For a brief, uncomfortable moment this summer, Americans everywhere experienced a feeling they had never previously known: admiration for failed Republican presidential candidate and known homophobe Ted Cruz, when he humiliated Donald Trump by refusing to endorse the nominee at the GOP convention. However, months later, Cruz did a complete 180 and endorsed Trump in a lengthy AF Facebook post, which probably no one actually fully read. That former admiration has since been buried beneath equal parts laughter and pity after degrading footage of Cruz phone-banking for Trump and looking completely miserable quickly turned into a meme.
As Cruz has apparently been campaigning behind closed doors for Trump, former Democratic presidential candidate Bernie Sanders has been vocally campaigning for and alongside Democratic nominee and former rival Hillary Clinton. Sure, with every appearance there’s a bunch of outraged “Jill not Hill” and “Bernie or Bust” fellows protesting while perched atop their high horses to chastise Sanders for “selling out” to “the lesser of two evils.”
But Sanders has evaded the same mockery and degradation Cruz has been subjected to for pretty much doing the same thing, only a lot more openly and enthusiastically. But why? Aside from Trump’s clearly bigoted nature, it’s all in the context, really, so let’s examine.
Not only did Sanders’ platform on tuition-free public college and universal healthcare move Clinton to develop similar plans of her own, but the former Democratic presidential hopeful additionally worked with Clinton to craft those plans. His push for paths to full marijuana legalization, a $15 minimum wage, the expansion of Social Security benefits, stricter sanctions for Wall Street fraud, opposition to the Trans-Pacific Partnership, and other populist economic measures were all defining points of the Democratic Party’s platform, which he and his appointees had a significant hand in writing. Sanders only conceded to Clinton after gaining all kinds of concessions from Clinton and the rest of the party, along with formidable political influence to continue his movement, which he knows would be impossible under President Trump.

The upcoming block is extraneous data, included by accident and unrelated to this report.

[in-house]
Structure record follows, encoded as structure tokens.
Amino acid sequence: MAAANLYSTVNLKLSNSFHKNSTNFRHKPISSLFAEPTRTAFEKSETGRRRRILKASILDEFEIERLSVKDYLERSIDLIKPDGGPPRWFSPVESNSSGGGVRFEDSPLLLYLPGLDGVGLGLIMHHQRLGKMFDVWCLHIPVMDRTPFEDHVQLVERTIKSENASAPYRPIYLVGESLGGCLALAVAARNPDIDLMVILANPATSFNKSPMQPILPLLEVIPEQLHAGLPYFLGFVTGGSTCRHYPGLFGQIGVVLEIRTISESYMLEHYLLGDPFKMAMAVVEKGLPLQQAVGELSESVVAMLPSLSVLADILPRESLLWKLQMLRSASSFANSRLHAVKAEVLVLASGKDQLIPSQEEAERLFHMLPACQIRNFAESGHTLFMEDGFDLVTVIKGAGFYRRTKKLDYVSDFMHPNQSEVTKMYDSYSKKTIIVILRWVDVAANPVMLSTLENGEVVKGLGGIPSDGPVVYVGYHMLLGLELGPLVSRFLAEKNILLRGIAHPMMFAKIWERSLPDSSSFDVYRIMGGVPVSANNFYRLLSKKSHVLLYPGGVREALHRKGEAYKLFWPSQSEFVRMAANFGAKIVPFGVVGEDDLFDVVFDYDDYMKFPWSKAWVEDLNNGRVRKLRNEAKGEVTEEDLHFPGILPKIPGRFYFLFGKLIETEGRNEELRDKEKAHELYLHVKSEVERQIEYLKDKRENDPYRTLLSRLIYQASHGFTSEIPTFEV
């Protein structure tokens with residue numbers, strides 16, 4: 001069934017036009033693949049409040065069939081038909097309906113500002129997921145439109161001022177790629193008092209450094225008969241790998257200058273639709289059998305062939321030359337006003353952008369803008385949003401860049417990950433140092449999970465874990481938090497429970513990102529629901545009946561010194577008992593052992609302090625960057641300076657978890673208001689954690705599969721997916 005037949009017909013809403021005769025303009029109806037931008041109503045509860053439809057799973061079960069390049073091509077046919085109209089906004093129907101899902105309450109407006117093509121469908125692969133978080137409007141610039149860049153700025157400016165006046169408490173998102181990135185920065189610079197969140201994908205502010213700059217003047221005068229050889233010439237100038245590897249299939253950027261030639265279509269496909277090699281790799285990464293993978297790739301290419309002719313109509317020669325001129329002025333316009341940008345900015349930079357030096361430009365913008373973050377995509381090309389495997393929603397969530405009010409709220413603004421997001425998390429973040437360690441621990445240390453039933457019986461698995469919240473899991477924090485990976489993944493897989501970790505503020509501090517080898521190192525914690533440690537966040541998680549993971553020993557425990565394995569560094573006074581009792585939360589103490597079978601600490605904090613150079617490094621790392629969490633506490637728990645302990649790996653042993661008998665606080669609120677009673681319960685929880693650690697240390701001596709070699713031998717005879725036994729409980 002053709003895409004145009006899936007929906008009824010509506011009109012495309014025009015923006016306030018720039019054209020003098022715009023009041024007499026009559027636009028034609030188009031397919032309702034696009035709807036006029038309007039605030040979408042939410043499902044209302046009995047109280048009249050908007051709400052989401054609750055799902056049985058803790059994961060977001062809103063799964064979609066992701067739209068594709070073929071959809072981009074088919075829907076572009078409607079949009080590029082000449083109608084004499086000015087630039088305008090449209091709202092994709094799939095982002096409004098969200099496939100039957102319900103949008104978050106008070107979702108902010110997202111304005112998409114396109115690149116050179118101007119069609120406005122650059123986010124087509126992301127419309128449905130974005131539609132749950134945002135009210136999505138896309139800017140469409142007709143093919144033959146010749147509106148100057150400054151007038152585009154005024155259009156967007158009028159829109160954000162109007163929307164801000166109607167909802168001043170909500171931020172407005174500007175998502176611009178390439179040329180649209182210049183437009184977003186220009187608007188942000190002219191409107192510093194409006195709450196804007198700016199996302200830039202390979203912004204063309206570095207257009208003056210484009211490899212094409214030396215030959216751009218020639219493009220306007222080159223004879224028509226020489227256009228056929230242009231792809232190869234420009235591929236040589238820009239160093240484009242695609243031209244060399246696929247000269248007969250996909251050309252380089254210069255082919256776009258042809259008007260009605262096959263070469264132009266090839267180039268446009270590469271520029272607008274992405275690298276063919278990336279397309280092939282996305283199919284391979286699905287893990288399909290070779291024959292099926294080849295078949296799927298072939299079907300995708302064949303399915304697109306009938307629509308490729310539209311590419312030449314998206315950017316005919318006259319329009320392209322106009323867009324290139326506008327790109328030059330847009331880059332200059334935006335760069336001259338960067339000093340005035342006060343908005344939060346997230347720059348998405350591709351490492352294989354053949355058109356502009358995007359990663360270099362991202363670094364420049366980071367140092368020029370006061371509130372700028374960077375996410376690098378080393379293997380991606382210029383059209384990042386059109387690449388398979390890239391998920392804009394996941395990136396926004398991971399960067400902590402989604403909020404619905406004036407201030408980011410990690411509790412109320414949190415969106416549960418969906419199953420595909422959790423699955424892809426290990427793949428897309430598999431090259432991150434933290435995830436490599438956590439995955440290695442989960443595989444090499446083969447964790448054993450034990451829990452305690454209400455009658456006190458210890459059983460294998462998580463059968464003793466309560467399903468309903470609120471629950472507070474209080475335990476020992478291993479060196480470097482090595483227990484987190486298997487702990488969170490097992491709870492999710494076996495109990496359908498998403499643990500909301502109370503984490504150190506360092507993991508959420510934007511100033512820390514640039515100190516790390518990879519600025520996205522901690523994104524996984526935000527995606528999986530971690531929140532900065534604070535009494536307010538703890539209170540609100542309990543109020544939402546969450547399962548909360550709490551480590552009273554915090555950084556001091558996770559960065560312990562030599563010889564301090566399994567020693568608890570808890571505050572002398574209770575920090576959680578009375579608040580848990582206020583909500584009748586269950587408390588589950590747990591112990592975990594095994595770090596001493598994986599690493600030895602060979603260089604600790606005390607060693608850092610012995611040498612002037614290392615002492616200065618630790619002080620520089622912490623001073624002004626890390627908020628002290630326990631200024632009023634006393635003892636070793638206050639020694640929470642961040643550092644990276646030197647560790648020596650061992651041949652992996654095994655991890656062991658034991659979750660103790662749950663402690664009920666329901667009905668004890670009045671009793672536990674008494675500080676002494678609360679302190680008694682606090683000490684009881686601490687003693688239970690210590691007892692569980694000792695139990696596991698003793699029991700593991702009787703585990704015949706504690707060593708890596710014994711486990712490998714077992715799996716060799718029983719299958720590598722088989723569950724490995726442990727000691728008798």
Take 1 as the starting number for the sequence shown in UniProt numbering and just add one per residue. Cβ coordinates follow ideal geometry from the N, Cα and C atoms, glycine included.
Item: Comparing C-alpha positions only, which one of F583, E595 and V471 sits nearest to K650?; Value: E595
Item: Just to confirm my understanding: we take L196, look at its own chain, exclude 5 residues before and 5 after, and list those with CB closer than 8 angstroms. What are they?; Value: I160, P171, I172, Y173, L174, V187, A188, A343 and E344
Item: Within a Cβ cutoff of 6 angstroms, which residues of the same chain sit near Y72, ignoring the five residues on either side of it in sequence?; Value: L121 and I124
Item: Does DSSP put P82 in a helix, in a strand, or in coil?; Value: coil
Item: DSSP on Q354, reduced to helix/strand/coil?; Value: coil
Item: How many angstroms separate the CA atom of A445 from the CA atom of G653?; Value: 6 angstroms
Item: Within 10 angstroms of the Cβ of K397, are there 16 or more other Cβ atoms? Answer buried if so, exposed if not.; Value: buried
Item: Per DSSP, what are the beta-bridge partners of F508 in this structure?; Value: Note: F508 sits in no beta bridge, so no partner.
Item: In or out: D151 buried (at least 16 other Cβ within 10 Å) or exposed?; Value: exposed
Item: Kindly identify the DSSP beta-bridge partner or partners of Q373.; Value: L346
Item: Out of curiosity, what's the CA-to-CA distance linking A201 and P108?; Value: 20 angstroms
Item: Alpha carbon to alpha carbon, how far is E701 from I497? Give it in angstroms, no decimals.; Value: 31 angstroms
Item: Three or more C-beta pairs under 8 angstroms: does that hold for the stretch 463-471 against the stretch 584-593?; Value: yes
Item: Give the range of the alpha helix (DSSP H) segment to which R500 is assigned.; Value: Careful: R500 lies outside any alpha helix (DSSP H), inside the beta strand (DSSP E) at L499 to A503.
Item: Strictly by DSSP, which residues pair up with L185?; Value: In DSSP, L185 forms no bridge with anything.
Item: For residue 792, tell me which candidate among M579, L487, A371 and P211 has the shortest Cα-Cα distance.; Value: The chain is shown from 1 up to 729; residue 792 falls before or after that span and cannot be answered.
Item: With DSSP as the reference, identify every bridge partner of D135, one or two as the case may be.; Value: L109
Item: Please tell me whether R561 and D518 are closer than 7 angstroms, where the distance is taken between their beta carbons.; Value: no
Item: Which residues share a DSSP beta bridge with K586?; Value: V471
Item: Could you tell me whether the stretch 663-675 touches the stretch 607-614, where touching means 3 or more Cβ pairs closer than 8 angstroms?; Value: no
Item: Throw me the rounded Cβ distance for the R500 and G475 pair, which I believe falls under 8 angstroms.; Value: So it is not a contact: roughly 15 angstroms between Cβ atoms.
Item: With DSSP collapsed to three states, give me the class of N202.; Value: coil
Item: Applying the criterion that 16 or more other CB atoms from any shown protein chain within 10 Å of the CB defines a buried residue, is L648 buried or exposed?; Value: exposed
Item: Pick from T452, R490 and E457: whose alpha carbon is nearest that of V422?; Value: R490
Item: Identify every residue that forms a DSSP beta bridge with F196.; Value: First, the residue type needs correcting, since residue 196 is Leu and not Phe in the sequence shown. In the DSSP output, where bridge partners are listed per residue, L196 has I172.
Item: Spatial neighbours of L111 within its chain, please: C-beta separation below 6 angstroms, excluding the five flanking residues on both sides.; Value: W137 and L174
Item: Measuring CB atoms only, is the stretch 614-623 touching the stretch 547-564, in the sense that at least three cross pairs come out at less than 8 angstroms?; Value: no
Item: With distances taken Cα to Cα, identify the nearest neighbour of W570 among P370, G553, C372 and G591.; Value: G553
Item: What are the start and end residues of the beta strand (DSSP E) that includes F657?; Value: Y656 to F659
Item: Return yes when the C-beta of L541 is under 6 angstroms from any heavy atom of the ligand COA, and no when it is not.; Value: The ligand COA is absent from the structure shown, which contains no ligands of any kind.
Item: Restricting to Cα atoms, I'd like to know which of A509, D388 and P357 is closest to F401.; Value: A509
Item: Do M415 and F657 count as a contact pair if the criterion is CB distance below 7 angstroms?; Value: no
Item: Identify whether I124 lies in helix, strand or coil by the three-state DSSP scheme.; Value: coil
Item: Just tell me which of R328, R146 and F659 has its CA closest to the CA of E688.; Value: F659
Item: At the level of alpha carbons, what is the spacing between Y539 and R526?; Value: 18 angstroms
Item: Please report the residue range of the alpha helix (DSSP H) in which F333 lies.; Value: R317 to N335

Additionally, there is Sanders’ promise to hold Clinton accountable and continue to challenge her on progressive issues; by collaborating with Sanders and adopting his plans, Clinton has shown the public that she has some semblance of respect for Sanders.
Speaking of respect (or in this case, an extreme lack of it), that takes us to the circumstances around Cruz’s campaigning for Trump. Clinton never called Sanders a “pussy” or “Lyin’ Bern,” nor did she “spill the beans” on Sanders’ wife or suggest that Sanders’ place of birth made him unqualified to run. She never went on late night Twitter rants against Sanders or mocked him for being booed at the convention. If all of this sounds familiar, it’s because this is exactly what Trump subjected Cruz to.
Additionally, where Trump has yet to even acknowledge Cruz’s endorsement of him, let alone apologize for all the shitty, degrading things he said of his former rival, Clinton has campaigned alongside Sanders. Clinton and Sanders’ amenable, respectful relationship could, obviously, all be a mere show, but it’s a fairly convincing one, and at the very least, Sanders isn’t submitting to someone who relentlessly bullied him in front of the nation for a year (just in emails to her staff).
The bottomline is that where Sanders’ support and campaigning for Clinton came with numerous important concessions from both Clinton and their party, Trump has changed nothing to win Cruz over, nor reached out to Cruz to collaborate or expressed any gratitude or regret for past wrongs. And yet, for all his emphasis on principle and voting with your conscience, just a couple months later, here Cruz is, pitifully phone-banking for the Republican nominee.
Cruz essentially gave in to his bully and is now too scared to retract his endorsement. Keep on phone-bankin’, buddy.
Original by Kylie Cheung